Tokyo Olympics: Britain sending biggest team for an overseas Games

Despite Tokyo organisers announcing on Thursday that the Games will take place without fans, Britain will send 376 athletes with a further 22 reserves.

Britain will send its largest ever team for an overseas Olympics to the Tokyo Games, with more female than male athletes for the first time. (In picture - members of Britain's football squad)   -  GETTY IMAGES

Britain will send its largest ever team for an overseas Olympics to the Tokyo Games, the British Olympic Association (BOA) said on Thursday, with more female than male athletes for the first time.

Despite Tokyo organisers announcing on Thursday that the Games will take place without fans due to the continuing COVID-19 restrictions in Tokyo, the BOA said 376 athletes were bound for Japan with a further 22 reserves.

It is second only to the 541 athletes selected for the London Olympics in 2012.

Of the athletes chosen, 201 are female and 175 male with 51 former medallists involved.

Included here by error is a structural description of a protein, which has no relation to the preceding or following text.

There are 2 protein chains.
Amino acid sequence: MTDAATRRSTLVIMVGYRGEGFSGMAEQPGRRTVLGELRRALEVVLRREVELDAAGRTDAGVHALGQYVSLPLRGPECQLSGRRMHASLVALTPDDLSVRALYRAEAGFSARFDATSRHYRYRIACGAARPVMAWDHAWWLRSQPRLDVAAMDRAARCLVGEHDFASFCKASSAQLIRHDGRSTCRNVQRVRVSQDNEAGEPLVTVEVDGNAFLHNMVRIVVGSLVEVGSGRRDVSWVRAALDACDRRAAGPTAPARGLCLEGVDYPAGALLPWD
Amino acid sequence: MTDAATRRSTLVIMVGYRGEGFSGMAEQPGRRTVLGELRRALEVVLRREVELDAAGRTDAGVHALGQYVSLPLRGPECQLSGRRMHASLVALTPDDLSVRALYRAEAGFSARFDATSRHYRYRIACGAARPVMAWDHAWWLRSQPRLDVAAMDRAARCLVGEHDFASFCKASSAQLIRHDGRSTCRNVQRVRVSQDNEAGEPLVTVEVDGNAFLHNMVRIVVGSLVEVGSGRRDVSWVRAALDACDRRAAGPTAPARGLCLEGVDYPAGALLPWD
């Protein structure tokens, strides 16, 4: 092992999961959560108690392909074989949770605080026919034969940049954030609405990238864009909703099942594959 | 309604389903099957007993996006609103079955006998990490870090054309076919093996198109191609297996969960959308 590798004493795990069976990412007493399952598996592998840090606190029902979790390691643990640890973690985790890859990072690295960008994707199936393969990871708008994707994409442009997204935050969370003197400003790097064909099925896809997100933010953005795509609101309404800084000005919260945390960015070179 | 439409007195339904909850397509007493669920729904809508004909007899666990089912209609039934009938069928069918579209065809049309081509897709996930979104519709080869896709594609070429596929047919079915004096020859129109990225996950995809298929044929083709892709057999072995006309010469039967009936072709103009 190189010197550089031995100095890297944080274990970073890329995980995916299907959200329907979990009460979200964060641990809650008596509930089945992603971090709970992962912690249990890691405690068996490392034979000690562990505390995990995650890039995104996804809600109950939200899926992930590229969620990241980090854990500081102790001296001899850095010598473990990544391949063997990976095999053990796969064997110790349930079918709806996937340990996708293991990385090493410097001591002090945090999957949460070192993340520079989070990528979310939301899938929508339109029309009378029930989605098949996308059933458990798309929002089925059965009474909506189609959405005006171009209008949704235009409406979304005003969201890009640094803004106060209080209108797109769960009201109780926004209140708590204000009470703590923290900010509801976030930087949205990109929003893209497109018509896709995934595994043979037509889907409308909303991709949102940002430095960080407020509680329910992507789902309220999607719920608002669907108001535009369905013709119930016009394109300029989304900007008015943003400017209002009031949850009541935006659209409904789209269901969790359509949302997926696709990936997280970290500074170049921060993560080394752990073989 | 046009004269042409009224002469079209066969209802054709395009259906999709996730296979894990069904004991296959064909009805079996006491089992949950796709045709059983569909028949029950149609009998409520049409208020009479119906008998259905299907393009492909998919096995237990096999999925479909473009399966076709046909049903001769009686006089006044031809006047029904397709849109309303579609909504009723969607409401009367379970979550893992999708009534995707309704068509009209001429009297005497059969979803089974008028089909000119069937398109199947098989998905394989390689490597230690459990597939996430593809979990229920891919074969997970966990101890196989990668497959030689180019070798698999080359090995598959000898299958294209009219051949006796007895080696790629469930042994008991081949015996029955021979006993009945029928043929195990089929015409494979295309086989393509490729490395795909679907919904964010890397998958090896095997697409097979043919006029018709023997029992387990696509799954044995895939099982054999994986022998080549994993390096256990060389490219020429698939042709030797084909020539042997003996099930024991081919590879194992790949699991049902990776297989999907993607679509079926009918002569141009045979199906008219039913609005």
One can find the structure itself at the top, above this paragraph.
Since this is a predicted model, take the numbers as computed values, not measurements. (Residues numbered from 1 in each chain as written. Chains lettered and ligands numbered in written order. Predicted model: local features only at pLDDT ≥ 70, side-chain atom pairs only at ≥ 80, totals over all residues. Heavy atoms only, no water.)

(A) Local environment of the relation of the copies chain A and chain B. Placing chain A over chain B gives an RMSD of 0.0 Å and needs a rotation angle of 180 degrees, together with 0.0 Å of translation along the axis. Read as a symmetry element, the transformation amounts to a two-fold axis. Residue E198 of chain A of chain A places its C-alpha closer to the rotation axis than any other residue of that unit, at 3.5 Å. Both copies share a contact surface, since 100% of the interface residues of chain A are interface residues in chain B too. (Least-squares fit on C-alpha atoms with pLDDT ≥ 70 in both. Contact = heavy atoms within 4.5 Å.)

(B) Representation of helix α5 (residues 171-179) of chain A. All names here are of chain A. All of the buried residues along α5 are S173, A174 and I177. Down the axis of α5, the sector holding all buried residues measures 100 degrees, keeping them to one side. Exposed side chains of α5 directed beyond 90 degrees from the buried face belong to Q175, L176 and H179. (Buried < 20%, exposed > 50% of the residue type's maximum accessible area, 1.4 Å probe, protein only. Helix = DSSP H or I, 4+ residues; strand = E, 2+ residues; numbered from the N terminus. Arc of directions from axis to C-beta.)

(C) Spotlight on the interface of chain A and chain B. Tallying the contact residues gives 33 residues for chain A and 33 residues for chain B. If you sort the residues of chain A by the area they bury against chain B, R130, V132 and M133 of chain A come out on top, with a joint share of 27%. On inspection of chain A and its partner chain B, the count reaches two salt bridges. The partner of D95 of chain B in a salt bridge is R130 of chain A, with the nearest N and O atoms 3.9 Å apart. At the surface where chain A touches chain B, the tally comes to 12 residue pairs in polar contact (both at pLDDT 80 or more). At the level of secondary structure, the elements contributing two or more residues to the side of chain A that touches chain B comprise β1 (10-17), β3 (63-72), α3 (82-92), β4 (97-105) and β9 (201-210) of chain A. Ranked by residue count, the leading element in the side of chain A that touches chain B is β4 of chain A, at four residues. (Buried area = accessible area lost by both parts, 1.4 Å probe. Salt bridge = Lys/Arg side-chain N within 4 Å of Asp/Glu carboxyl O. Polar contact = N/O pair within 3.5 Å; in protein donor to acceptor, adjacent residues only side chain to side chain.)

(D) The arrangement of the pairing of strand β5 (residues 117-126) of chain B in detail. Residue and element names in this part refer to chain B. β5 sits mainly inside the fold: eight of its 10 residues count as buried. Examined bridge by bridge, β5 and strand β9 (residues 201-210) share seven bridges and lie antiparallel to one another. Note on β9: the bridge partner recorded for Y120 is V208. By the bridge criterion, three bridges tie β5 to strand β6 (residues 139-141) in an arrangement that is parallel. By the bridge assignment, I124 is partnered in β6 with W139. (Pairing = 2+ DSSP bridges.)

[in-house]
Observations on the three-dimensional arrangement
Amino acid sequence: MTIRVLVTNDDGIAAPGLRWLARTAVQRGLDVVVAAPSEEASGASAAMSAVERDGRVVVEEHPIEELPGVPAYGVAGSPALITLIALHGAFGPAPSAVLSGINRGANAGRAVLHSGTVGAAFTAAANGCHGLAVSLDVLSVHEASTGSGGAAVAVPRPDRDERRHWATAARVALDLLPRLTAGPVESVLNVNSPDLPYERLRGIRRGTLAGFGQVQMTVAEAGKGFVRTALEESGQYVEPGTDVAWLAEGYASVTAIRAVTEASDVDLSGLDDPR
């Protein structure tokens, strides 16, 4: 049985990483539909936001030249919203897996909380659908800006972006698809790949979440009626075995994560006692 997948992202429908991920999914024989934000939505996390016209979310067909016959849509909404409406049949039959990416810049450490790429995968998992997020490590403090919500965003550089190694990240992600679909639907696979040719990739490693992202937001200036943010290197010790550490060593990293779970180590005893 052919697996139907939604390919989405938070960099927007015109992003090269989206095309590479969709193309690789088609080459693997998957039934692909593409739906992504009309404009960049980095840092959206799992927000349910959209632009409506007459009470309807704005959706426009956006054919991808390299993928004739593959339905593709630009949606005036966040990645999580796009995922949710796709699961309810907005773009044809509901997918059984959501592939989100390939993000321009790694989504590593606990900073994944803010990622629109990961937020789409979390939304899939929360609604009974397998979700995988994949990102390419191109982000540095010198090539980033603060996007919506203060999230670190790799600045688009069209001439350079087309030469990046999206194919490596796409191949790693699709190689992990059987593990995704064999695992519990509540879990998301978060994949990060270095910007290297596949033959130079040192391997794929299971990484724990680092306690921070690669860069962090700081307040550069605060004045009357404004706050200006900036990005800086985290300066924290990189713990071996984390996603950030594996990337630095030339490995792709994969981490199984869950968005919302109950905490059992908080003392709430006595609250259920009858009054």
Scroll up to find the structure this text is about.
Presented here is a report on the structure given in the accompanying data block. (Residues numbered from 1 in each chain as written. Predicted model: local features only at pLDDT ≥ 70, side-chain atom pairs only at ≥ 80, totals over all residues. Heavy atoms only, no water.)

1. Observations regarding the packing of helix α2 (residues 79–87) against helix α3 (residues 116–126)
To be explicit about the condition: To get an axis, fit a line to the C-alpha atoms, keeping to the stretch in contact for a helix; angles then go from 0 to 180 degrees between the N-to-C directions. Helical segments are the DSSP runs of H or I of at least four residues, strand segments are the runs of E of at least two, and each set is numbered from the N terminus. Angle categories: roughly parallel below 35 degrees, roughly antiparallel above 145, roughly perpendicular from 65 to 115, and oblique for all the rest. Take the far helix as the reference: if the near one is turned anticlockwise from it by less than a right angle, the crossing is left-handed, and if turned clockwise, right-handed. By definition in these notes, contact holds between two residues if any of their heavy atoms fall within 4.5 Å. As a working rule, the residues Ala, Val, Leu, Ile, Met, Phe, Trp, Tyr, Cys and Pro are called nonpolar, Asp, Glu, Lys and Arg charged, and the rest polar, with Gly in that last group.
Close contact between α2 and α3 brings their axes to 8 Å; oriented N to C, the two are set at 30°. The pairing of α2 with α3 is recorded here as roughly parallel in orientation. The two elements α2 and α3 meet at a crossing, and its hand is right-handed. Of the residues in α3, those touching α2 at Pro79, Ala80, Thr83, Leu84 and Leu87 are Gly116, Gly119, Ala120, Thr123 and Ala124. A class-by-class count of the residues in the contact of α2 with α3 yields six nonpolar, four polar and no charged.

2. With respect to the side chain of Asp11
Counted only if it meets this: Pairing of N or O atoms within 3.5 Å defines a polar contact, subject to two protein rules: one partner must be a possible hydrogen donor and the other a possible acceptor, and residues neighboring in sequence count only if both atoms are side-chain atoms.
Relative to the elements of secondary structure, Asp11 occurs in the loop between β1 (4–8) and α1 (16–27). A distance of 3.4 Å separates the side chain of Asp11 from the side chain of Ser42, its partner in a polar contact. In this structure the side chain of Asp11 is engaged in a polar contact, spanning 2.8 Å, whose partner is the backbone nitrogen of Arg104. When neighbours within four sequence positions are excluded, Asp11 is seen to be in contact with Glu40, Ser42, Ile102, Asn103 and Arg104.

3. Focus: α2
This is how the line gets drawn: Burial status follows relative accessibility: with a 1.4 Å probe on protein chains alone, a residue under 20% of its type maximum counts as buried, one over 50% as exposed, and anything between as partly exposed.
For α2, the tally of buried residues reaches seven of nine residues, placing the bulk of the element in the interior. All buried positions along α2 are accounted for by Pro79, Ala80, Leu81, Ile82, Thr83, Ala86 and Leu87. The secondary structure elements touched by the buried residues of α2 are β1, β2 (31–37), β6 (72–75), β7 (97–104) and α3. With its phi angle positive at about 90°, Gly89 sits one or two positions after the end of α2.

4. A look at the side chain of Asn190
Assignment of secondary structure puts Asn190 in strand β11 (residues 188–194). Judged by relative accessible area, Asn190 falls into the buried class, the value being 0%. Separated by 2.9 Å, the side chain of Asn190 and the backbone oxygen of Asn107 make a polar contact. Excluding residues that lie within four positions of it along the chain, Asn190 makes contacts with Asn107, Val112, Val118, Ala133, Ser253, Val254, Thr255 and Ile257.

"After five years of hard work our team for Tokyo 2020 is now complete," the British team's Chef de Mission Mark England said in a statement.

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"We have a strong squad of athletes ready to do their country proud and it's great to welcome our largest travelling British Olympic team ever.

"I am also delighted we will be taking more women than men to a summer Olympic Games. It is a first for the BOA in its 125-year history -- 2021 is truly the year of the female Olympian."

Of the returning Olympic medallists, four leading female Olympians travel to Tokyo looking to make history.

Track cyclist Laura Kenny will be seeking to add to her British female record four golds and become the first British woman to win gold at three separate Olympics.

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Taekwondo player Jade Jones, rower Helen Glover and equestrian star Charlotte Dujardin all have the chance to win gold at three separate Games.

Britain's youngest team member is skateboarder Sky Brown who turns 13 just before the Games while the oldest is 54-year-old Carl Hester who will compete in the equestrian.

Britain finished second in the medals table in terms of golds won in Rio de Janeiro in 2016, behind only the U.S.

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